The 2000 movie High Fidelity still comes up in conversation around here, and for many it seems to be the definitive big screen portrayal of life in a record store. We enjoy the movie and its very nice soundtrack, and we certainly get some smiles from the “Beta Band Effect” from time to time (what’s this?) but its not our favorite movie set in a record store.
Fish Story is a 2009 movie directed by Yoshihiro Nakamura. It begins in a record store five hours before a comet is to destroy the Earth. Two young men are doing what we do here every day, nerding out about records, when a man comes in and asks, incredulous, “Why are you open?”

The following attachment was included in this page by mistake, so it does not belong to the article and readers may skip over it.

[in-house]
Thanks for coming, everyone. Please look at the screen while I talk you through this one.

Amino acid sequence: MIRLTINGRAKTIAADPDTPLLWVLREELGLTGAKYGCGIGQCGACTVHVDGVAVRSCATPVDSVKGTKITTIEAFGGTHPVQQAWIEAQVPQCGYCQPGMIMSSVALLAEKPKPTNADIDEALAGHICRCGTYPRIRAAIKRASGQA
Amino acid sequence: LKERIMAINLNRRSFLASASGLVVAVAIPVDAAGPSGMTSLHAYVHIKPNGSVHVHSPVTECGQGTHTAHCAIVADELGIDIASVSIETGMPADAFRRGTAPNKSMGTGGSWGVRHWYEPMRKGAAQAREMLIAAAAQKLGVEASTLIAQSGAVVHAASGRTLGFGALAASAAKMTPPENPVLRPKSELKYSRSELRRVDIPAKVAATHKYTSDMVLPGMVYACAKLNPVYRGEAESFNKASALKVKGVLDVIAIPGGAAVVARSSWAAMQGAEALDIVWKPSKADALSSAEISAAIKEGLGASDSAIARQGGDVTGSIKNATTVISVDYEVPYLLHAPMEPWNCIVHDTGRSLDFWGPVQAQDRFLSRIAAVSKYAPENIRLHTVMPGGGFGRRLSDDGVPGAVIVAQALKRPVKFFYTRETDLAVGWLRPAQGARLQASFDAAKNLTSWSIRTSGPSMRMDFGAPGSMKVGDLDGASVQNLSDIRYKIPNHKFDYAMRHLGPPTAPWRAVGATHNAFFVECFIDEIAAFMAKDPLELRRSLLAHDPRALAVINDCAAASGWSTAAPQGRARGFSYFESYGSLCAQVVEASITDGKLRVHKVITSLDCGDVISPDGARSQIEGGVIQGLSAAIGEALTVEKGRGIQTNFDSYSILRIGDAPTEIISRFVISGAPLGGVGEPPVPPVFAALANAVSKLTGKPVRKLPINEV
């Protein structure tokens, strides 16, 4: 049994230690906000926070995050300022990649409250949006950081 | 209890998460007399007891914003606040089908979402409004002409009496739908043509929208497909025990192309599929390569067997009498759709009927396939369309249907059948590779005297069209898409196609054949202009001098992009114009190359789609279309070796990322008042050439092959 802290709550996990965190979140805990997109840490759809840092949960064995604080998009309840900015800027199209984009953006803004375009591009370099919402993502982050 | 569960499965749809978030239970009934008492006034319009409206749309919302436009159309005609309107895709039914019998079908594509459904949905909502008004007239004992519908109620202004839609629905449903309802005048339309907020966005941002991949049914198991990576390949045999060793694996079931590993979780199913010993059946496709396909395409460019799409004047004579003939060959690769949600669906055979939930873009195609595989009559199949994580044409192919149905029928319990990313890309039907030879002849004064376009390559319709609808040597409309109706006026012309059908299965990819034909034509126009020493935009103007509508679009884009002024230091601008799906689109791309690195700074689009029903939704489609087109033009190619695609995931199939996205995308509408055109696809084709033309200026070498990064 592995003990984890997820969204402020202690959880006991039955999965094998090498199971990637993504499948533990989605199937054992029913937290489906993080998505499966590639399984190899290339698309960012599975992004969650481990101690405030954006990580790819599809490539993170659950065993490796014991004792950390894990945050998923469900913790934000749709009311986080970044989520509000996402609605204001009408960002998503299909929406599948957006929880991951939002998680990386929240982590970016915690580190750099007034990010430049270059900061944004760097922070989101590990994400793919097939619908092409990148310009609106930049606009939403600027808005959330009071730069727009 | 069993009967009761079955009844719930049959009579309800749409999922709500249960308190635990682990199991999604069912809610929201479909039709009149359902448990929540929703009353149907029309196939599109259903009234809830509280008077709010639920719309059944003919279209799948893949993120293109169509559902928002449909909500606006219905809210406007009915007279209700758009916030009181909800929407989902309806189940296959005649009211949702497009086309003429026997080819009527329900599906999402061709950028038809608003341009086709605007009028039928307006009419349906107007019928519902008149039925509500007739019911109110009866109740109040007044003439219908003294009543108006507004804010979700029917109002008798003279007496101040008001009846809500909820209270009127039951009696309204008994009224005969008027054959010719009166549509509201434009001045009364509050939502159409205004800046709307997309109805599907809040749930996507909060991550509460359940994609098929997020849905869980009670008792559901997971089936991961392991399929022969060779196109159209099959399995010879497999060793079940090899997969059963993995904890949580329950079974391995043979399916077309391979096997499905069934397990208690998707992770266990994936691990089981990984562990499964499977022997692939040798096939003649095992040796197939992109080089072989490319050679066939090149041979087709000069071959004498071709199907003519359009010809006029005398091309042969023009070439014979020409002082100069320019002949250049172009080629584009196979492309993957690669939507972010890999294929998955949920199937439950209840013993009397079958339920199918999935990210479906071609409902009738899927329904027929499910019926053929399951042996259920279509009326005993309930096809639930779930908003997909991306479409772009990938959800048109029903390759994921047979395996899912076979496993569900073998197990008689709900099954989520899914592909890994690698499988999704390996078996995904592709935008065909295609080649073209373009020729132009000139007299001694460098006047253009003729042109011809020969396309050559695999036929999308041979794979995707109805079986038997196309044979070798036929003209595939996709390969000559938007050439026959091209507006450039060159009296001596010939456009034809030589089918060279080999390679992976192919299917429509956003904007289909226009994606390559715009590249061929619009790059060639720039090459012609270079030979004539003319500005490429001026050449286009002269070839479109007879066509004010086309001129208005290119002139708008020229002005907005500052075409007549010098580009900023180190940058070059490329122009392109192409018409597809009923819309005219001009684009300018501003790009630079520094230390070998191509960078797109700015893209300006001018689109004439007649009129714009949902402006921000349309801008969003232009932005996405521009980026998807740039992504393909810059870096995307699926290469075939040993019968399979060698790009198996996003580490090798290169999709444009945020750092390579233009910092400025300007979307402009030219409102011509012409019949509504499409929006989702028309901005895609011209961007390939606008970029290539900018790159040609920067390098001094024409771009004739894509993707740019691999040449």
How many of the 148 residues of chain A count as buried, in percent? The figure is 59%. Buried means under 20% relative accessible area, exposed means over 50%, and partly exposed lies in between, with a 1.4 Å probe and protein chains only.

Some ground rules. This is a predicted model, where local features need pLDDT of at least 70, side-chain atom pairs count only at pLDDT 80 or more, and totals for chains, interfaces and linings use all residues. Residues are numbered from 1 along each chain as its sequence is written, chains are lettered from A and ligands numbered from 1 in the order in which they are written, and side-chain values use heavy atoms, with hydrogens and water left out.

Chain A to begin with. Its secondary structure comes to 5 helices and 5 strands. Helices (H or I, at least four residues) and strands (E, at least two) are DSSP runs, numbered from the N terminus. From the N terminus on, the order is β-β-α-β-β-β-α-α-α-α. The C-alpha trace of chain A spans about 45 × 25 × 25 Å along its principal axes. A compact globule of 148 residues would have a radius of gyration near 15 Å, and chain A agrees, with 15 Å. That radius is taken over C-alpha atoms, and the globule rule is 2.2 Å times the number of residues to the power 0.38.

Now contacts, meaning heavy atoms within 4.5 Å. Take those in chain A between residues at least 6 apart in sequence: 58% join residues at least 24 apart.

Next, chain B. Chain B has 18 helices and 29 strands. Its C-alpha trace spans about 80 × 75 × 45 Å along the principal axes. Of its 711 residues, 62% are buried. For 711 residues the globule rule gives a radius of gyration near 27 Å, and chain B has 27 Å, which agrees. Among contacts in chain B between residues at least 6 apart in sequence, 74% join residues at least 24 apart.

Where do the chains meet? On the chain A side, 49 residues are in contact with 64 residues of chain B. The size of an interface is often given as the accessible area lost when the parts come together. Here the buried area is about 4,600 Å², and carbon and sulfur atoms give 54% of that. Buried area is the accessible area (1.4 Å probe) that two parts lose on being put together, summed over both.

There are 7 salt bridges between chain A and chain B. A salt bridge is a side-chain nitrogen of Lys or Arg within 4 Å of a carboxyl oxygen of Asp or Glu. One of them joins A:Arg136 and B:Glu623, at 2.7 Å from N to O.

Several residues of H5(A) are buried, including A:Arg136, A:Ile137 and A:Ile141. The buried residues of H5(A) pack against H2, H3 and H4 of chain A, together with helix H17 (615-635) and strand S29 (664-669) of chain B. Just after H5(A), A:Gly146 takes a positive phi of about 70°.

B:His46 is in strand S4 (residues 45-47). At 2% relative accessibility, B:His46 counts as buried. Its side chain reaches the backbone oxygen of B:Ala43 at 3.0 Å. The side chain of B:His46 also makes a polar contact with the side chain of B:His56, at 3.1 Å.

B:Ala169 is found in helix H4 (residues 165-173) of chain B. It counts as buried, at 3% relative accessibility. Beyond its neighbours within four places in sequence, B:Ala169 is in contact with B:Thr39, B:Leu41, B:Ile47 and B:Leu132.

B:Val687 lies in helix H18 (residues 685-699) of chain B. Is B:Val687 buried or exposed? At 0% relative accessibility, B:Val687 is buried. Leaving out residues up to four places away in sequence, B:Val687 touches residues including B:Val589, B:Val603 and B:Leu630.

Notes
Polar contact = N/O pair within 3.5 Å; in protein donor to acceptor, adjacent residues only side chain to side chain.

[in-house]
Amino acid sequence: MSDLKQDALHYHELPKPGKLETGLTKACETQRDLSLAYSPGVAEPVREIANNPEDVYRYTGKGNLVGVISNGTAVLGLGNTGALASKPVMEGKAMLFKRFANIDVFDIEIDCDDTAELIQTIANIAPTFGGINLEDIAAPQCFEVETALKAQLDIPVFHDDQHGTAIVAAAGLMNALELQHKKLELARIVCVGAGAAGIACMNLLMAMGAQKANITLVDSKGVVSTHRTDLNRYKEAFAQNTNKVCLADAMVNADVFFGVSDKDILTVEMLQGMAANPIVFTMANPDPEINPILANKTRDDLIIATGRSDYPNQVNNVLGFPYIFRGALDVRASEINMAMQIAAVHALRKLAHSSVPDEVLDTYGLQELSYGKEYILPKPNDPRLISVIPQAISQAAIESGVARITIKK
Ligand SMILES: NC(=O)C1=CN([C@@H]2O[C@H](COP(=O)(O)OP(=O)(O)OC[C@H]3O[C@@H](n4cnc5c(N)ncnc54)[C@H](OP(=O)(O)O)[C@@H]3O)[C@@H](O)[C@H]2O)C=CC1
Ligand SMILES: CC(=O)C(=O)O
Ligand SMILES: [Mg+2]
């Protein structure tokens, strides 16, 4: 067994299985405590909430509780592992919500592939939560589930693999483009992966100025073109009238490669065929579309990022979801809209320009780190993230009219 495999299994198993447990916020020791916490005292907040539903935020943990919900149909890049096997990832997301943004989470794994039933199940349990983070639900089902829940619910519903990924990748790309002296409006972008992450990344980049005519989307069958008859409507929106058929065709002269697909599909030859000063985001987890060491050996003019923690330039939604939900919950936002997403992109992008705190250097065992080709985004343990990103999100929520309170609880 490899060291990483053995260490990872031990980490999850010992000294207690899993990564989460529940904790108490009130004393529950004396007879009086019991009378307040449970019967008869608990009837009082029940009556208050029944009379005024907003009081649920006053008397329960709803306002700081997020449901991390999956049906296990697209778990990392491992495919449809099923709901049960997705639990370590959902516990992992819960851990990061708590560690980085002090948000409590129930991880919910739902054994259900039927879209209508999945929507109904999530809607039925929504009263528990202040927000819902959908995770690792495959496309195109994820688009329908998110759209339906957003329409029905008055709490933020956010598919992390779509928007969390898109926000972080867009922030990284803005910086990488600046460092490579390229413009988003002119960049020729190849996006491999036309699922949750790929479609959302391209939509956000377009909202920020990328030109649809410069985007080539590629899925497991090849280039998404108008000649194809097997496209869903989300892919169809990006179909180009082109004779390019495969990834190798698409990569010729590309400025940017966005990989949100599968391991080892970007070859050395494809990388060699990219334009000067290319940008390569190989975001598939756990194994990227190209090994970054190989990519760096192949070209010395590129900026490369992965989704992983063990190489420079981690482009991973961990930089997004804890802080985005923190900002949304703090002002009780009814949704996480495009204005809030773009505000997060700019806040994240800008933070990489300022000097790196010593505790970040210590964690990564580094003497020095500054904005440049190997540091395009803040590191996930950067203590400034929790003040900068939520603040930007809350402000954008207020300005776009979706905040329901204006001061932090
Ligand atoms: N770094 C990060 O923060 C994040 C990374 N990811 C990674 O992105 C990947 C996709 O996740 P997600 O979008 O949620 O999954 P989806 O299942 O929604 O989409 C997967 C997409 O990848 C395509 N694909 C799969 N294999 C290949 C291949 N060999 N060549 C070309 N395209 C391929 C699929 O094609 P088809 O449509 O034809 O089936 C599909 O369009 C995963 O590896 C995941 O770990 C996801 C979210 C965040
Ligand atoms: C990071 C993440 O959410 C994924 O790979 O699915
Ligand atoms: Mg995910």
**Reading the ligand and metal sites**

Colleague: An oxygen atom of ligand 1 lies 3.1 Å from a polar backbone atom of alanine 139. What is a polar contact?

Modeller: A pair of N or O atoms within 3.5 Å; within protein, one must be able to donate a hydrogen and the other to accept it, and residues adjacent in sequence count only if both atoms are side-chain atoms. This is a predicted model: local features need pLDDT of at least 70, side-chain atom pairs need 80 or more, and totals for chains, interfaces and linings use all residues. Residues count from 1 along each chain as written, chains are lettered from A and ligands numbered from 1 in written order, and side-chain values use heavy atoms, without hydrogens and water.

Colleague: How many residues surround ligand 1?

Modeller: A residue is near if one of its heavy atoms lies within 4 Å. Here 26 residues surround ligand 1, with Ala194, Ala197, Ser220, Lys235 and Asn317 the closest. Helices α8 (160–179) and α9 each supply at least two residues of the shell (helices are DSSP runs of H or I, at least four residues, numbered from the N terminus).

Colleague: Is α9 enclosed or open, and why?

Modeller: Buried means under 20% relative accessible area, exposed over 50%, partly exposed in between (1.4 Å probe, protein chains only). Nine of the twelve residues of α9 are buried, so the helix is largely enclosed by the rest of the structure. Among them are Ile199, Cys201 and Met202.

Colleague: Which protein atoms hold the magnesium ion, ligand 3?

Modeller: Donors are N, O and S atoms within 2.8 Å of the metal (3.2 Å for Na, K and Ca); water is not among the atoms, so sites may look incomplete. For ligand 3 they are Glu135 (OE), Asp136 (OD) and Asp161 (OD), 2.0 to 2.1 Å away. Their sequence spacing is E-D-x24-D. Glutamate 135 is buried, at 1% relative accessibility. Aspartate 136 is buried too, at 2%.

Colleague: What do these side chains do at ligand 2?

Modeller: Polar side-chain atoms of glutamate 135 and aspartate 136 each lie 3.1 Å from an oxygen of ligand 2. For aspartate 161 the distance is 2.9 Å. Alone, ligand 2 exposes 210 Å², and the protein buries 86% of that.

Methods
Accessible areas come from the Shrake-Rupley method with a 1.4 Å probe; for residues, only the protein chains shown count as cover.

They ignore him and continue to discuss music, as the clerk introduces his friend to an obscure band called Gekirin. Their final recording, “Fish Story,” pre-dates punk rock, although it sounds suspiciously like “New Rose” by the Damned.
We follow the song backwards through history — witnessing moments of heroism and terror, before finally meeting Gekirin in 1975 and learning how they came to record “Fish Story,” based on a mis-translated poem.
There is a scene in another movie, Almost Famous, when Jason Lee claims that rock and roll will save the world. It’s the kind of hyperbolic statement often associated with pop music’s need to justify itself, not so different from the way we feel about some of our favorite records. “This is important,” we tell ourselves, even though we know well that in the big picture our records are inconsequential at best.
Fish Story is about those dreams, and how one of our records might save the world.